Look, if you adopt the present method and do what you can do single-handedly, you can go just that far and no farther than you can do single-handedly. If you will learn to work with the system, you can go as far as the system will support you.
Good scientists will fight the system rather than learn to work with the system and take advantage of all the system has to offer.
After all, if you want a decision ‘No’, you just go to your boss and get ‘No’ easy. If you want to do something, don’t ask, do it.
You should dress according to the expectation of the audience spoken to. If I am going to give an address at the MIT computer center, I dress with a bolo and an old corduroy jacket or something else.
By taking the trouble to tell jokes to the secretaries and being a little friendly, I got superb secretarial help.
By realizing you have to use the systems and studying how to get the system to do your work, you learn how to adapt the system to your desires.
Originality is being different.
Another fault is anger.
I used my ego to make myself behave the way I wanted to. I bragged about something so I’d have to perform.
I have seen, as I studied the history, the successful scientist changed the viewpoint and what was a defect became an asset.
I claim that some of the reasons why so many people who have greatness within their grasp don’t succeed are: they don’t work on important problems, they don’t become emotionally involved, they don’t try and change what is difficult to some other situation which is easily done but is still important, and they keep giving themselves alibis why they don’t. They keep saying that it is a matter of luck. I’ve told you how easy it is; furthermore I’ve told you how to reform. Therefore, go forth and become great scientists!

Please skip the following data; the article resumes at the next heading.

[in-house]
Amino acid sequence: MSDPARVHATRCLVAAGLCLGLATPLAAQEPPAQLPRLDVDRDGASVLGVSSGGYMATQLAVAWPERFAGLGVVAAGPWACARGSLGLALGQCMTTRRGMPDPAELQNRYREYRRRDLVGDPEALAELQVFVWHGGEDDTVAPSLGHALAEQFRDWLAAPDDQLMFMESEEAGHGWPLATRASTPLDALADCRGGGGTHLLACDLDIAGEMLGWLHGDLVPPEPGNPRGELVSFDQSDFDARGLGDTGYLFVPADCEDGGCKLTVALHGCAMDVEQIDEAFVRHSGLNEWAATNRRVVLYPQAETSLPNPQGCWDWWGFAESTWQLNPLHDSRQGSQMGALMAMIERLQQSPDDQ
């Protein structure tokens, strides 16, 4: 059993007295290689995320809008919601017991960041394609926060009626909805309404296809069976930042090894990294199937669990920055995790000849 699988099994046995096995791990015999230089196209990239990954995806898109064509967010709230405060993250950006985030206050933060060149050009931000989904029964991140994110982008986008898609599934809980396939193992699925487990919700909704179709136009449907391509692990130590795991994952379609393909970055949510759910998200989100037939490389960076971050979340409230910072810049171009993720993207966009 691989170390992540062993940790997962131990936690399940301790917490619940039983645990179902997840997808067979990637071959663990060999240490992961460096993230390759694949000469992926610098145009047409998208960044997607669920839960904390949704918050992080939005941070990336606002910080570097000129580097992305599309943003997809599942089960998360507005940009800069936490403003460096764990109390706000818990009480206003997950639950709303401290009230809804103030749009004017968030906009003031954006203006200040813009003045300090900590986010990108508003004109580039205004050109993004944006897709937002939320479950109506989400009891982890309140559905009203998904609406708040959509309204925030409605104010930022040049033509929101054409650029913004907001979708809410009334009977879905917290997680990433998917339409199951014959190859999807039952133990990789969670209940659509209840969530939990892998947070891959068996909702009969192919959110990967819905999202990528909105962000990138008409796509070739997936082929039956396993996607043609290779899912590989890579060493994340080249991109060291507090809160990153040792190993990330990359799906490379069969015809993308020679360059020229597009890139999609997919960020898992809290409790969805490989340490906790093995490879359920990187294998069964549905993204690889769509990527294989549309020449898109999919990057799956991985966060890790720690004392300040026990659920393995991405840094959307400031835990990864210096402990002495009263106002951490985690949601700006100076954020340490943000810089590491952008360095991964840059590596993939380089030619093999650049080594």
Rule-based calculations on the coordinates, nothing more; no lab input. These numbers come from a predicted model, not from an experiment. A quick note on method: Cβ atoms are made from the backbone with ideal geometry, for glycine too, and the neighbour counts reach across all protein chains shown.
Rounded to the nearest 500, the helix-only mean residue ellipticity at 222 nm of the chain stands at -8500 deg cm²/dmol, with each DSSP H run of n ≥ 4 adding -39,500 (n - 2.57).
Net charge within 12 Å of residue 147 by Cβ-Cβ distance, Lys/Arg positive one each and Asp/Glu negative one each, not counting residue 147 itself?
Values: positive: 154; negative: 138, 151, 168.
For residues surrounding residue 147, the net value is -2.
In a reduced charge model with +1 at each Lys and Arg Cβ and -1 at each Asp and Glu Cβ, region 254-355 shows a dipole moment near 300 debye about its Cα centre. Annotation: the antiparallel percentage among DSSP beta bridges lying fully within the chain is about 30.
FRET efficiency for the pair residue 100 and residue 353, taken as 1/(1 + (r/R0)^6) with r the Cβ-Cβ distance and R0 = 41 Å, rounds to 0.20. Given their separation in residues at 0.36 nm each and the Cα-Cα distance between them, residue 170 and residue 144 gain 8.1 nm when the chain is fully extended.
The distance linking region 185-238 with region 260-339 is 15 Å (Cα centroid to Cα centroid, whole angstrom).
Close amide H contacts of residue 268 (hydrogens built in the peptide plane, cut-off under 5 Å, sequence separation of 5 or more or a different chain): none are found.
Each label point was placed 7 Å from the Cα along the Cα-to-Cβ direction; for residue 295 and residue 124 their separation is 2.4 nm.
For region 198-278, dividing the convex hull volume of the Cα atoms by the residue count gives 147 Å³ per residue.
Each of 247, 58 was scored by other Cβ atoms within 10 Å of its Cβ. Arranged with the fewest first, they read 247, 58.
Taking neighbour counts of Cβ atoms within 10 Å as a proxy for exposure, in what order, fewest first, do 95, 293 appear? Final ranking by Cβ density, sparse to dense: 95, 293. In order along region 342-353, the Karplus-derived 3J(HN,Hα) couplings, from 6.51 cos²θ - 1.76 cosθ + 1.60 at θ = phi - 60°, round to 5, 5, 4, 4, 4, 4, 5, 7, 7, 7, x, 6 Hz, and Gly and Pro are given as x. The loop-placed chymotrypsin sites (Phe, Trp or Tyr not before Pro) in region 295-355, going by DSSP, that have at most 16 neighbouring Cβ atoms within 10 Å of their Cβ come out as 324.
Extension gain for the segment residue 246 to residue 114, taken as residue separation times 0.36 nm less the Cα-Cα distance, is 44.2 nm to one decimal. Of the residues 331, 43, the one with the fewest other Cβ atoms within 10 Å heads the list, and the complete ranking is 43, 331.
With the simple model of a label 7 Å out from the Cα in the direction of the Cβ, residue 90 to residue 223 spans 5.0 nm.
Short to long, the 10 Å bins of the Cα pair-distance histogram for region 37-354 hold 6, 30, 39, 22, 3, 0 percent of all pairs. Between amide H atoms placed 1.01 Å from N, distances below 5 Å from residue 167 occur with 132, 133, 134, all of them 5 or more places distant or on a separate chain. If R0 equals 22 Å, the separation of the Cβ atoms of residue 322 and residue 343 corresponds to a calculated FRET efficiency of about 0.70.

Many of us were earlier forced to learn other things – we were forced to learn the things we didn’t want to learn, we were forced to have an open door – and then we could exploit those things we learned.
I picked my people carefully with whom I did or whom I didn’t brainstorm.
If you want to think new thoughts that are different, then do what a lot of creative people do – get the problem reasonably clear and then refuse to look at any answers until you’ve thought the problem through carefully how you would do it, how you could slightly change the problem to be the correct one.
The reading is necessary to know what is going on and what is possible. But reading to get the solutions does not seem to be the way to do great research. You read; but it is not the amount, it is the way you read that counts.
In the short-haul, papers are very important if you want to stimulate someone tomorrow. If you want to get recognition long-haul, it seems to me writing books is more contribution because most of us need orientation.
I believe that books which try to digest, coordinate, get rid of the duplication, get rid of the less fruitful methods and present the underlying ideas clearly of what we know now, will be the things the future generations will value.
It takes courage to say, “Yes, I will give up my great reputation.”
When your vision of what you want to do is what you can do single-handedly, then you should pursue it. The day your vision, what you think needs to be done, is bigger than what you can do single-handedly, then you have to move toward management.